There are several types of bank account in the UK, and with so many choices, it can be hard to know which type of account suits your needs the most. But worry not, this guide is going to help you understand the different types of bank account and their advantages and disadvantages.
Fee-Free Basic Account
This type of account is the most basic account that you can have; however, because of this, it offers fewer services than a regular current account.
With a fee-free basic account you can:
- Have wages, benefits and other income paid into the account
- Pay money and cheques into the account for free (must be British currency)
- Withdraw money from a branch or cash machine
- Set up Direct Debits or standing orders
- Check account balances in a branch, at a cash machine, online or on your mobile
- Use a debit card to pay in-store and online
A current account is the standard banking account in the UK that most people have. These accounts have the same functions as the basic account above and added capabilities as follows:
- You receive a cheque-book, as well as a debit card
- You are eligible for overdraft facilities
- You’ll get monthly or quarterly bank statements
- Internet access, online, in-app and telephone banking are usually available
A savings account is an account where you can put your money so it can grow in value over time by accruing interest. Anyone can open a savings account, and they can be paid into at any time. There are also different access limitations depending on the type of savings account you open.
An instant-access savings account is one where you can instantly add to or withdraw from it at any point in time. A notice account requires you to give notice (such as 60 days) to withdraw money or else you will be charged a penalty. A regular saver requires you to save up a set amount each month, and a fixed bond is a savings account that locks your money away for fixed-term and often has a fixed interest rate for the whole term.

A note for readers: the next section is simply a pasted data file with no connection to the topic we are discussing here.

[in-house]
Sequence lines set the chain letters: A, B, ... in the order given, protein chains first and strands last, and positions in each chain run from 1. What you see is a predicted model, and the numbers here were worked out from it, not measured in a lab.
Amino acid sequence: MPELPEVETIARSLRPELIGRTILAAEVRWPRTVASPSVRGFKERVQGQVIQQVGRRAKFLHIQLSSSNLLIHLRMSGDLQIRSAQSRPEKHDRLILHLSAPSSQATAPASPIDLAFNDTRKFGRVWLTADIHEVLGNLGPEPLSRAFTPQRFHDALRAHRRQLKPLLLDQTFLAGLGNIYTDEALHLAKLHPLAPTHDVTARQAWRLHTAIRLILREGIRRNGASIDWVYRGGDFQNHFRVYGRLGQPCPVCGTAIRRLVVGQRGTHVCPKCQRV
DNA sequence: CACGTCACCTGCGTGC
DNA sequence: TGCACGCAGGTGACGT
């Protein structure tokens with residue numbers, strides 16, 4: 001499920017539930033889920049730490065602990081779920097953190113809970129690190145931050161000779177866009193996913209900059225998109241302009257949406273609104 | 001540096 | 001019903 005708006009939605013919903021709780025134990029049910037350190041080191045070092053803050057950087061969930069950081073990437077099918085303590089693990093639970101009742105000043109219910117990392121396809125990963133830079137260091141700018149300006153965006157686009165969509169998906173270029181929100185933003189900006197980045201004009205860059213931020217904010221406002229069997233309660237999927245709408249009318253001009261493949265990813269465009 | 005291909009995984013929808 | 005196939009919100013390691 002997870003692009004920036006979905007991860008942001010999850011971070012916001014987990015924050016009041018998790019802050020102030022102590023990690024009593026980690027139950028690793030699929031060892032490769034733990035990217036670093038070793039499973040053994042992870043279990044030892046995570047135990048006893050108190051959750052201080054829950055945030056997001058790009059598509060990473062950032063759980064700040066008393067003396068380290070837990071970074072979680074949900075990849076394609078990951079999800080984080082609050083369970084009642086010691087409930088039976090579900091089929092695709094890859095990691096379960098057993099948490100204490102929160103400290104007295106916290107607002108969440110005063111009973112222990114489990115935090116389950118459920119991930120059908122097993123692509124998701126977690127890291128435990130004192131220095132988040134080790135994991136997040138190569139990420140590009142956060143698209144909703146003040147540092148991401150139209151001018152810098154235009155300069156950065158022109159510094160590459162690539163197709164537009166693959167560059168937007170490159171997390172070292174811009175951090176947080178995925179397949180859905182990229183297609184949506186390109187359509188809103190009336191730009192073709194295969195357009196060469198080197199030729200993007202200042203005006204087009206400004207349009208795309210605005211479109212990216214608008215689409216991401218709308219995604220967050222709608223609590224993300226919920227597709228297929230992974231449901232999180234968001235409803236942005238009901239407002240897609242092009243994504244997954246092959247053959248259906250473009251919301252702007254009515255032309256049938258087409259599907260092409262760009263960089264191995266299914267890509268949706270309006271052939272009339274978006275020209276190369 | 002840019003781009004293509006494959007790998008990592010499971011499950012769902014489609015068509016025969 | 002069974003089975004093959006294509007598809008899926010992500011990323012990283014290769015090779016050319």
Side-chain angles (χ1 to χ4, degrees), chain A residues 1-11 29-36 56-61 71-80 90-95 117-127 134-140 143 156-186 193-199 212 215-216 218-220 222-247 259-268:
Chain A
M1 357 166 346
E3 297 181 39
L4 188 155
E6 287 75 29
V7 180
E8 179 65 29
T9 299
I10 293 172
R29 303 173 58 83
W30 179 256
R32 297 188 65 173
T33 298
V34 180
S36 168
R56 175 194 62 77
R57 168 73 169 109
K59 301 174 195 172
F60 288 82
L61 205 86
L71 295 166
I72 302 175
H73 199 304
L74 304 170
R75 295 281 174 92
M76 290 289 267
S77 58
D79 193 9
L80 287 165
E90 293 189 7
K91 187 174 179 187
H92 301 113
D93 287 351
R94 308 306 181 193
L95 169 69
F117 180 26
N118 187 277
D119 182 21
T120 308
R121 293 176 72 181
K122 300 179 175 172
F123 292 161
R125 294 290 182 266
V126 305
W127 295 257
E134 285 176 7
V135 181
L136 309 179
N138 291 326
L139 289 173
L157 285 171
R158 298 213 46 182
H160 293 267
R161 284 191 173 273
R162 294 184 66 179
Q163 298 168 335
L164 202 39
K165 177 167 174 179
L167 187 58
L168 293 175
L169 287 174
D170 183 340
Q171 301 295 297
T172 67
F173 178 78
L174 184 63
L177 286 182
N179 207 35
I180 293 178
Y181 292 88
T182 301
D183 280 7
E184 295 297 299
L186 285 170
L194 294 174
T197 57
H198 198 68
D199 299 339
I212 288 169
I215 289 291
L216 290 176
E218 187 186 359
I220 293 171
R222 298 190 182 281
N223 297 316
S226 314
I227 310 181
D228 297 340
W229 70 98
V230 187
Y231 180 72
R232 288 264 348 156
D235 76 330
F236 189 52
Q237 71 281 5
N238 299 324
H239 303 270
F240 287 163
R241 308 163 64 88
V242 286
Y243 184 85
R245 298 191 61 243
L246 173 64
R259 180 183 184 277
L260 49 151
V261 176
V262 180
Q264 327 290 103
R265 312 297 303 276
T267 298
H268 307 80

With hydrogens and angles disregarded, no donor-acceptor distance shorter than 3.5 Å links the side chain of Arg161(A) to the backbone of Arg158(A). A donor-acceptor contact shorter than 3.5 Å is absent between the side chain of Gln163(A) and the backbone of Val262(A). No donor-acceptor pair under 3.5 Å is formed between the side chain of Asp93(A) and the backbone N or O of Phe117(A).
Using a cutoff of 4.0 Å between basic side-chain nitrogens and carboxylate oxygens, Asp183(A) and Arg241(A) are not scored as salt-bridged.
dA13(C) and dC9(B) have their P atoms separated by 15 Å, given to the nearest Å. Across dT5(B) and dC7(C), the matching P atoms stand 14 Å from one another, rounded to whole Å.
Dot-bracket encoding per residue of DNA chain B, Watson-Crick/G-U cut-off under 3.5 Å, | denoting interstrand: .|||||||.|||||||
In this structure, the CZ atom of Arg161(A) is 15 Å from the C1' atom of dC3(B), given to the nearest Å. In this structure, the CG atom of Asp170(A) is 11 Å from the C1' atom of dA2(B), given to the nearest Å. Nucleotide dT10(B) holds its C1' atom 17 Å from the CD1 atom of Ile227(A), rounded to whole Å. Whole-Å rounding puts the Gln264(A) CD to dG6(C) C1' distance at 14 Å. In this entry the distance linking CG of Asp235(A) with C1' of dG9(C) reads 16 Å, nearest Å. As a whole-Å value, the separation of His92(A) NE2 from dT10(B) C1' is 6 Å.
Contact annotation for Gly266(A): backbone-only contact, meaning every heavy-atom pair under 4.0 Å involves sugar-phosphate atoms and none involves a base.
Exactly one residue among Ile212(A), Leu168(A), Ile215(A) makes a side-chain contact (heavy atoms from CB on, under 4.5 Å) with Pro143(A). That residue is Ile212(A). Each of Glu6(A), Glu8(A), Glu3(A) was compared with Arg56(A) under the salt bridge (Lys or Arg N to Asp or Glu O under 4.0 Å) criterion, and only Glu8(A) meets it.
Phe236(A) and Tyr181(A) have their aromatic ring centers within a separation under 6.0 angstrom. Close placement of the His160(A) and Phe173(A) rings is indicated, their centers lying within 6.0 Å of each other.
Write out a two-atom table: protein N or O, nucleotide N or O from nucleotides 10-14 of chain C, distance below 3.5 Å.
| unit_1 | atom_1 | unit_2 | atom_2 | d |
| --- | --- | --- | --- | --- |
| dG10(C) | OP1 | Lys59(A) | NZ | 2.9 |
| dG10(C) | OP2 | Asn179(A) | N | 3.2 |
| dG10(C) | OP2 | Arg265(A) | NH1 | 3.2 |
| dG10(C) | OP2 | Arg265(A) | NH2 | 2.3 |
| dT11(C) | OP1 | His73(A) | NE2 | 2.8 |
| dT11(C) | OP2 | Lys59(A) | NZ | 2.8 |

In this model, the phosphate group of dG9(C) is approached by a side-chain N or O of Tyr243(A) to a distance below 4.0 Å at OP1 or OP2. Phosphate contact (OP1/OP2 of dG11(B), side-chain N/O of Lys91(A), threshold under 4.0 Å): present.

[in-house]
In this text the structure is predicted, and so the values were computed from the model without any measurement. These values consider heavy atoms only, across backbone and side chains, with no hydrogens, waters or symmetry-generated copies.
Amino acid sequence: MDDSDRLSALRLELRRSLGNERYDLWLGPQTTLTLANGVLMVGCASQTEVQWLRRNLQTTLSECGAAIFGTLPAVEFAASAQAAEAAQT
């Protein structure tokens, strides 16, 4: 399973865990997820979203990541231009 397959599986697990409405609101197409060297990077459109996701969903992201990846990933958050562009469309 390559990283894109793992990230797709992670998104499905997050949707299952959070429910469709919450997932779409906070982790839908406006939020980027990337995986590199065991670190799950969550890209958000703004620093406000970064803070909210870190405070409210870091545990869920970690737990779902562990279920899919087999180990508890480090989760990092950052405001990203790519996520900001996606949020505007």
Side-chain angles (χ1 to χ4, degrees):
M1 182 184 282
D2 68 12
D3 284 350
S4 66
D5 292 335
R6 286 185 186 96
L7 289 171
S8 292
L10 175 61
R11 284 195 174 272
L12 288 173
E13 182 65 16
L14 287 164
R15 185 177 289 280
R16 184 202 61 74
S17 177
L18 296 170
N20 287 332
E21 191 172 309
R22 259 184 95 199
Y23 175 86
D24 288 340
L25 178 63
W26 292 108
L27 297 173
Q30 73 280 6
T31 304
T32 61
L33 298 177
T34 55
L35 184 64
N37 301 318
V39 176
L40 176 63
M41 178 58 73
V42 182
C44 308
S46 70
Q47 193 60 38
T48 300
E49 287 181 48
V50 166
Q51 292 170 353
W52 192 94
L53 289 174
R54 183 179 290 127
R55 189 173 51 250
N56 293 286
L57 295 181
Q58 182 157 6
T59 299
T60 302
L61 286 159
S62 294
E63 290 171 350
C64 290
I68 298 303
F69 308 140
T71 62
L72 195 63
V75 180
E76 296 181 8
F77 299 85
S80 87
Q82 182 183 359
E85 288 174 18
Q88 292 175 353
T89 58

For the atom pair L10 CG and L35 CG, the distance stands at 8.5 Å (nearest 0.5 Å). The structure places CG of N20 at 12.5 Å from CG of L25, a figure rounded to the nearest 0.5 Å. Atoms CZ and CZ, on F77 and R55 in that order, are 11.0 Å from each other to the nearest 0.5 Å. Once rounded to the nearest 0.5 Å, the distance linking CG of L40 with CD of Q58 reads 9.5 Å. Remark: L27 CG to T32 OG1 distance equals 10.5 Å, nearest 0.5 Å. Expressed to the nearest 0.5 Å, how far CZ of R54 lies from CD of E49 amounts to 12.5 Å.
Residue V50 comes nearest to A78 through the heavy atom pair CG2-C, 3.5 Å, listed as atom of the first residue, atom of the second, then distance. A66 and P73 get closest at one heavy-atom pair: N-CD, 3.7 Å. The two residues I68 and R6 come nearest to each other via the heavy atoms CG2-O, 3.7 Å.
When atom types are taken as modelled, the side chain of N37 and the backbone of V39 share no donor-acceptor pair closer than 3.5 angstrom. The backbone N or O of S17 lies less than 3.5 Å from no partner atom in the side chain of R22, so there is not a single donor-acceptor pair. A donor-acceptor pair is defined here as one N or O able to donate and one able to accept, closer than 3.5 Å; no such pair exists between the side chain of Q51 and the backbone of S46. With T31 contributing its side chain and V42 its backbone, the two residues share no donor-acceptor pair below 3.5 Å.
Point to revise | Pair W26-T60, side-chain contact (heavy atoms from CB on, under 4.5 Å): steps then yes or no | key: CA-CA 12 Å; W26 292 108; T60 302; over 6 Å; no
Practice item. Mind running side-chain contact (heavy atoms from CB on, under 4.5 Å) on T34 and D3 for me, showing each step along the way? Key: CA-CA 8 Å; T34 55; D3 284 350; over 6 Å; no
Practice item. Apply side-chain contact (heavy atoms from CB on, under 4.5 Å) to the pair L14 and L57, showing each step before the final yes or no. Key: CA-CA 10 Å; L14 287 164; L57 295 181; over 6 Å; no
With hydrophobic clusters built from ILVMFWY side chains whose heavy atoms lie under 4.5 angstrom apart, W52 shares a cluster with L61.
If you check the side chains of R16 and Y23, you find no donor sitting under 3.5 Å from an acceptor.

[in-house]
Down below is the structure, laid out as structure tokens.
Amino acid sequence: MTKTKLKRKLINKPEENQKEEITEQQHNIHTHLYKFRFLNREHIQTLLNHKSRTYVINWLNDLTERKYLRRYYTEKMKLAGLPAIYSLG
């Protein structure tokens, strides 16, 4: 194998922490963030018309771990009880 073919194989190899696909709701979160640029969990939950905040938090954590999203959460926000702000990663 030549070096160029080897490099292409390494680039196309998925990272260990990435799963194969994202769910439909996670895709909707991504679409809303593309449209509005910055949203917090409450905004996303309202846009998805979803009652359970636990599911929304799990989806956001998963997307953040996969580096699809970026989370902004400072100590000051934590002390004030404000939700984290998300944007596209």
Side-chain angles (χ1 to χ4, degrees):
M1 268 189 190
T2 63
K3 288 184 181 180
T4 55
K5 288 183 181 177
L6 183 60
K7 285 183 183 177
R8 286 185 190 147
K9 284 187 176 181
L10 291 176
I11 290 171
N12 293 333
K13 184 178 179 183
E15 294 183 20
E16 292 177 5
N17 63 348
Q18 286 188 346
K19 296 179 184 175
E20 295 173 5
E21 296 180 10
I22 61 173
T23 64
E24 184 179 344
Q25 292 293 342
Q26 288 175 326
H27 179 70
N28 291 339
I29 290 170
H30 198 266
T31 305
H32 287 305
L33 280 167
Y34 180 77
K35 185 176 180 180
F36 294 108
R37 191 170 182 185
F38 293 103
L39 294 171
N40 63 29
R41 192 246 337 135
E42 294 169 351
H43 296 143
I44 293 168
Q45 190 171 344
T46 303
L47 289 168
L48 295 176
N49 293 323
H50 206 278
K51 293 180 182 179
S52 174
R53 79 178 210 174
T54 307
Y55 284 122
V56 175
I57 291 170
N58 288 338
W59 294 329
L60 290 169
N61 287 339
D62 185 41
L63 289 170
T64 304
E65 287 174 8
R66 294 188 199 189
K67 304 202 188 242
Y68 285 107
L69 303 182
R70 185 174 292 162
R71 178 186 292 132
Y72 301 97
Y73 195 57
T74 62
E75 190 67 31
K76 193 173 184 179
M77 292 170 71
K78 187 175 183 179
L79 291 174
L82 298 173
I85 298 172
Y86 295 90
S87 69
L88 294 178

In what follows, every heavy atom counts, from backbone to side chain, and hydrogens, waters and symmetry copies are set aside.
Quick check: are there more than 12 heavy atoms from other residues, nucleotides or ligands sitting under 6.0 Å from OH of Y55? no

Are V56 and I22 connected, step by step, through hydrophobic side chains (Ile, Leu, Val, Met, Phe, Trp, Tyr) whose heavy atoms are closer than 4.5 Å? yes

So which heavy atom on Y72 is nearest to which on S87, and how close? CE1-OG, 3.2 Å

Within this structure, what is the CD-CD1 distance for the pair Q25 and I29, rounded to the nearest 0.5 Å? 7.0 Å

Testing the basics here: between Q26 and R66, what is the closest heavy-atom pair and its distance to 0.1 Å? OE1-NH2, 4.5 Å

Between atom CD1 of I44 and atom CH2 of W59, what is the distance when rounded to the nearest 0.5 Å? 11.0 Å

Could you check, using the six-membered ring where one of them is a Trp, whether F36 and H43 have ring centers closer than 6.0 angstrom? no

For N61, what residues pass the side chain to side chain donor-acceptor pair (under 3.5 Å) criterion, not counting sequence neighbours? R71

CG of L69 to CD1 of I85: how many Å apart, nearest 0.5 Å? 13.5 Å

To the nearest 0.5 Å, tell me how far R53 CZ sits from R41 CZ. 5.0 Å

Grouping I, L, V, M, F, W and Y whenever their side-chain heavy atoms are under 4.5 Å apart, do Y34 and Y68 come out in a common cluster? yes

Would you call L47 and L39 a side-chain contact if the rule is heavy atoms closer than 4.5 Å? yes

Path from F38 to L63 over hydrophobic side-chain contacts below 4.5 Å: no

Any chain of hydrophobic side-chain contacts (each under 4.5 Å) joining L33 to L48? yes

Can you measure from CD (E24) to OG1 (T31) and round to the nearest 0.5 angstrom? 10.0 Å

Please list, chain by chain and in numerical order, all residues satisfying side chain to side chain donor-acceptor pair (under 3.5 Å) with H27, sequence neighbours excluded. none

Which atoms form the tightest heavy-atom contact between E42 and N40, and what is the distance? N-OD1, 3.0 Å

A student current account has all of the same capabilities as a regular current account. However, it does have some additional benefits for students. These accounts will typically come with an interest-free overdraft up to a certain amount, and extra freebies such as railcards, discounts and just free money for choosing that bank. After your time as a student ends, you are free to close the account and open a regular current account with that bank, move to a graduate account or switch to another bank and open a standard current account there.
Business Current Account
A business current account functions in much the same as ways as a standard current account; however, these accounts are designed specifically for business use. When choosing a business bank account for your company, look for one that offers low charges and good interest rates.
What you need from your account will depend on what your normal business operations are. If you primarily make electronic payments, you need an account that offers low-cost or free electronic transactions. However, if you primarily use cheques, you should look for low charges for paper transactions.
A lot of banks also provide useful resources for small businesses, such as advice teams, helplines, and other benefits.
By working out what your banking needs are and comparing them to the different accounts offered by different banks then you will be able to get yourself the best deal and, most importantly, the right type of bank account for your needs.